PCS Clyde’s

LitWatch: For the love of books

February brings us the love poems of Pablo Neruda, a celebration of Black History Month, and numerous virtual readings.


February marks Valentine’s Day, occurring around the same time as Lupercalia, the pagan festival of fertility dedicated to the Roman god Faunus. For devout Christians, the Feast of Valentine honors two Christian martyrs known as Saint Valentine. While many legends and folk tales surround Valentine’s Day, its common celebration involves pairing up and exchanging gifts, cards, chocolates, and sweet nothings with your loved ones.

Whether you’re spending the day with your significant other, your family, or solo, there’s no better excuse to read Pablo Neruda than during this season of love. Winner of the Nobel Prize for Literature in 1971, Neruda is one of the best-known Chilean poets, celebrated for his surrealist poetry, political manifestos, and his exquisitely passionate depictions of desire, distance, and love.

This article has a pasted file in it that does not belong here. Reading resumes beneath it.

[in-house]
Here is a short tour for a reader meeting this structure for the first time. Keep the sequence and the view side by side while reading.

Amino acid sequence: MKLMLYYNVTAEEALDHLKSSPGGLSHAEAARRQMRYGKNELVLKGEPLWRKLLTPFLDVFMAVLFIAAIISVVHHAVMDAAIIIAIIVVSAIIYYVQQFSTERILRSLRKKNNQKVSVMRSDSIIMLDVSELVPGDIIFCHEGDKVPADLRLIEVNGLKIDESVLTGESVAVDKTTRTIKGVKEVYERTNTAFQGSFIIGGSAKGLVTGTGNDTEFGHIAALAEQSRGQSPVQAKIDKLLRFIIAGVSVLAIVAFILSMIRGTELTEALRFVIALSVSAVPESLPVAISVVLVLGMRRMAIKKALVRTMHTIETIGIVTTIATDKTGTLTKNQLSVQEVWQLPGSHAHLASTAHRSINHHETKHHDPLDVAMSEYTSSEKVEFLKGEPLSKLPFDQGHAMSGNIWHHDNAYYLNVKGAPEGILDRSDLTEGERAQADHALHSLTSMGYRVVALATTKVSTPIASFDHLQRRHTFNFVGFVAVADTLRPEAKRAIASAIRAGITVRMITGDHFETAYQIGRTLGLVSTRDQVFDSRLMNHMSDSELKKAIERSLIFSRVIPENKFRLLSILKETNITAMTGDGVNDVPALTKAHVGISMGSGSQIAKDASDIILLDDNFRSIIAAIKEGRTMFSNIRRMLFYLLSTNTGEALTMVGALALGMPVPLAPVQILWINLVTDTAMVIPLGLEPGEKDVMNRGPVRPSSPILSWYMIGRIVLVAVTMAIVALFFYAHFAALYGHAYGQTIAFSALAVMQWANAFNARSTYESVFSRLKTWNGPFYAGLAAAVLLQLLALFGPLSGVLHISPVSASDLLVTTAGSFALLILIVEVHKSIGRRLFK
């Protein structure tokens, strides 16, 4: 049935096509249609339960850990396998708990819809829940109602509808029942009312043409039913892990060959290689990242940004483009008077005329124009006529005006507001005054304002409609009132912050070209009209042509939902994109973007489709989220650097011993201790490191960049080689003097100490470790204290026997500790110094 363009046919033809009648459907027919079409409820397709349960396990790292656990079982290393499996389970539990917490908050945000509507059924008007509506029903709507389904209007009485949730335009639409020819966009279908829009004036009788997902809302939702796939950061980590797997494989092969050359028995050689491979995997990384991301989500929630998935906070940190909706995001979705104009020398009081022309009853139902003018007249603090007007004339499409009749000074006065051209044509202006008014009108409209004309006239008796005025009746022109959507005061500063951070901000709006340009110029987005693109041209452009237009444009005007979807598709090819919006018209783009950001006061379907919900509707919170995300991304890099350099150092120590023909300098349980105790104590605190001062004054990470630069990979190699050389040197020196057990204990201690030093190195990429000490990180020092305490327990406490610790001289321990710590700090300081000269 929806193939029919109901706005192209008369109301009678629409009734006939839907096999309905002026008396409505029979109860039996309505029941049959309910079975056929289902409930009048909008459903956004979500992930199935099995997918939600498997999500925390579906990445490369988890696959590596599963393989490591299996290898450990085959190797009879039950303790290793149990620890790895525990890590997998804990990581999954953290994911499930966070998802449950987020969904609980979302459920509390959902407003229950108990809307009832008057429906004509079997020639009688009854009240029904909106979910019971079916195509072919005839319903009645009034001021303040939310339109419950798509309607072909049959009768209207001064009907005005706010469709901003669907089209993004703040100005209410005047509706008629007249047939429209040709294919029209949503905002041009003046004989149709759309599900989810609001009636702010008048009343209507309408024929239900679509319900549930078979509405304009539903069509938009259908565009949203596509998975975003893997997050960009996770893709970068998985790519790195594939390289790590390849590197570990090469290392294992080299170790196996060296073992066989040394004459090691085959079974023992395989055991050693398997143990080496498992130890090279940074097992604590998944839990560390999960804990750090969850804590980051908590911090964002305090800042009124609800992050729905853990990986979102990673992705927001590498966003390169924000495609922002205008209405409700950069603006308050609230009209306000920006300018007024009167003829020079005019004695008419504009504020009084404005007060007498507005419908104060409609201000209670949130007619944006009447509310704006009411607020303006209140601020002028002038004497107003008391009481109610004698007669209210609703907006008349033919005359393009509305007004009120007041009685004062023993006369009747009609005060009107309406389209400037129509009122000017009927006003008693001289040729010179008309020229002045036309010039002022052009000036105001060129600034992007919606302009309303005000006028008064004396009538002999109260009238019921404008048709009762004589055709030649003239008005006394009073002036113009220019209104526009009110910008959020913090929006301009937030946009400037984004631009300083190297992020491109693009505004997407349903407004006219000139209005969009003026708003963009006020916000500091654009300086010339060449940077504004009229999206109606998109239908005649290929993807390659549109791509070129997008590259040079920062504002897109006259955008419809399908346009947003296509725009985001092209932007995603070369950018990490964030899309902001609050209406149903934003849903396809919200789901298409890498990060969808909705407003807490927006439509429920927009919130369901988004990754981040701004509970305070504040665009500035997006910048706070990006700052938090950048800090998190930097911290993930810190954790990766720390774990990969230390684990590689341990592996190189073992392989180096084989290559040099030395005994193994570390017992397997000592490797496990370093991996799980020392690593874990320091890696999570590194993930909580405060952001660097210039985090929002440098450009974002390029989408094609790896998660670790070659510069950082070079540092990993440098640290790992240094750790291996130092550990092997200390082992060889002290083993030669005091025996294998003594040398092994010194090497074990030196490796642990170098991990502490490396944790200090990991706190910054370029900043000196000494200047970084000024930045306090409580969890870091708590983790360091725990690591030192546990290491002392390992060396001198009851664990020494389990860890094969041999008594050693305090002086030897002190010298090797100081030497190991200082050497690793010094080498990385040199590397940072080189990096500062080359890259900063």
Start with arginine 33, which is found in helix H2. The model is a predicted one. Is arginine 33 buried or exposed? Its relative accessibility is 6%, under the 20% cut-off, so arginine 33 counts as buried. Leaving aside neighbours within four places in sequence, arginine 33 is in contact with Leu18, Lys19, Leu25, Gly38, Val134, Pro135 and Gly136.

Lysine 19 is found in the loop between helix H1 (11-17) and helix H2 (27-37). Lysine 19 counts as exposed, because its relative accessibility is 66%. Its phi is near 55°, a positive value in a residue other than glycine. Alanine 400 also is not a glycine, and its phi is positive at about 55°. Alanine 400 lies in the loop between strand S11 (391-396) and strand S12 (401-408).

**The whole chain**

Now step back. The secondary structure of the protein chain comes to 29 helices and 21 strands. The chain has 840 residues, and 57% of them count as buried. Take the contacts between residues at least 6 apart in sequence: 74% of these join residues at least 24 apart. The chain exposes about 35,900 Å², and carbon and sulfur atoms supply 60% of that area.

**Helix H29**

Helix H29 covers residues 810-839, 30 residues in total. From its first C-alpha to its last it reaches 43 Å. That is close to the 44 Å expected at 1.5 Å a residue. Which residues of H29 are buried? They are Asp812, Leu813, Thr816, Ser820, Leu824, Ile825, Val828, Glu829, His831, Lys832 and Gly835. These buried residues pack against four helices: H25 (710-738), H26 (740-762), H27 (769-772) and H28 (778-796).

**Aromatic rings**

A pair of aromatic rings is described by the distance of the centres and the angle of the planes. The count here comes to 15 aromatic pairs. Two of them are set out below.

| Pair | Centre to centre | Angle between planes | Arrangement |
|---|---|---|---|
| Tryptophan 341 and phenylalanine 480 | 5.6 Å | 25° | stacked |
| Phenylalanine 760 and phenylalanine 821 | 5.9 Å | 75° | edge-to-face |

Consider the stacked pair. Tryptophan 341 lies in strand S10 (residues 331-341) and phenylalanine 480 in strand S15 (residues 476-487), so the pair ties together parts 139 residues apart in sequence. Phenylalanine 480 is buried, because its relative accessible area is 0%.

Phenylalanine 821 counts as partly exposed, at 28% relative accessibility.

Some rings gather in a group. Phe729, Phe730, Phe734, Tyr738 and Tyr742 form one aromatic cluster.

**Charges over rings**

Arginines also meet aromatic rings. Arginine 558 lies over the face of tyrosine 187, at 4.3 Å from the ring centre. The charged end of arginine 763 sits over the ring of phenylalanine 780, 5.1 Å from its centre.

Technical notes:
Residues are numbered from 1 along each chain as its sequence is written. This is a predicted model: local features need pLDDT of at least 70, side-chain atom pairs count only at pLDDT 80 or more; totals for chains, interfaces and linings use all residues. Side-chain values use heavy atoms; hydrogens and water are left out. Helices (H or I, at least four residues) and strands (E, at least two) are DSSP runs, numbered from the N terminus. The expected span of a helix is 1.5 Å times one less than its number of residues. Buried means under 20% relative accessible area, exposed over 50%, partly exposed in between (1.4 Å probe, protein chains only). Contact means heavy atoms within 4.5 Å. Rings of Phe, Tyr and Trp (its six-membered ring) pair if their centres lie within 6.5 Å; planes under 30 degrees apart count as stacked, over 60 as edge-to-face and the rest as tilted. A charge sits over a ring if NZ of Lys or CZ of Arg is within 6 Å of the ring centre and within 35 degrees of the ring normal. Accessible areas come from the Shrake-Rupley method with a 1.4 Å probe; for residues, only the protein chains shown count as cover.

I love you without knowing how, or when, or from where,
I love you directly without problems or pride:
I love you like this because I don’t know any other way to love,
except in this form in which I am not nor are you,   
so close that your hand upon my chest is mine,   
so close that your eyes close with my dreams.
                           — Pablo Neruda, from Sonnet XVII in 100 Love Sonnets

February also marks Black History Month, honoring “the contributions and sacrifices of African Americans who have helped shape the nation” (NPR). Established in February to correspond  with the birthdays of abolitionist leader Frederick Douglass and President Abraham Lincoln, Black History Month is an important designation formally recognized in 1982.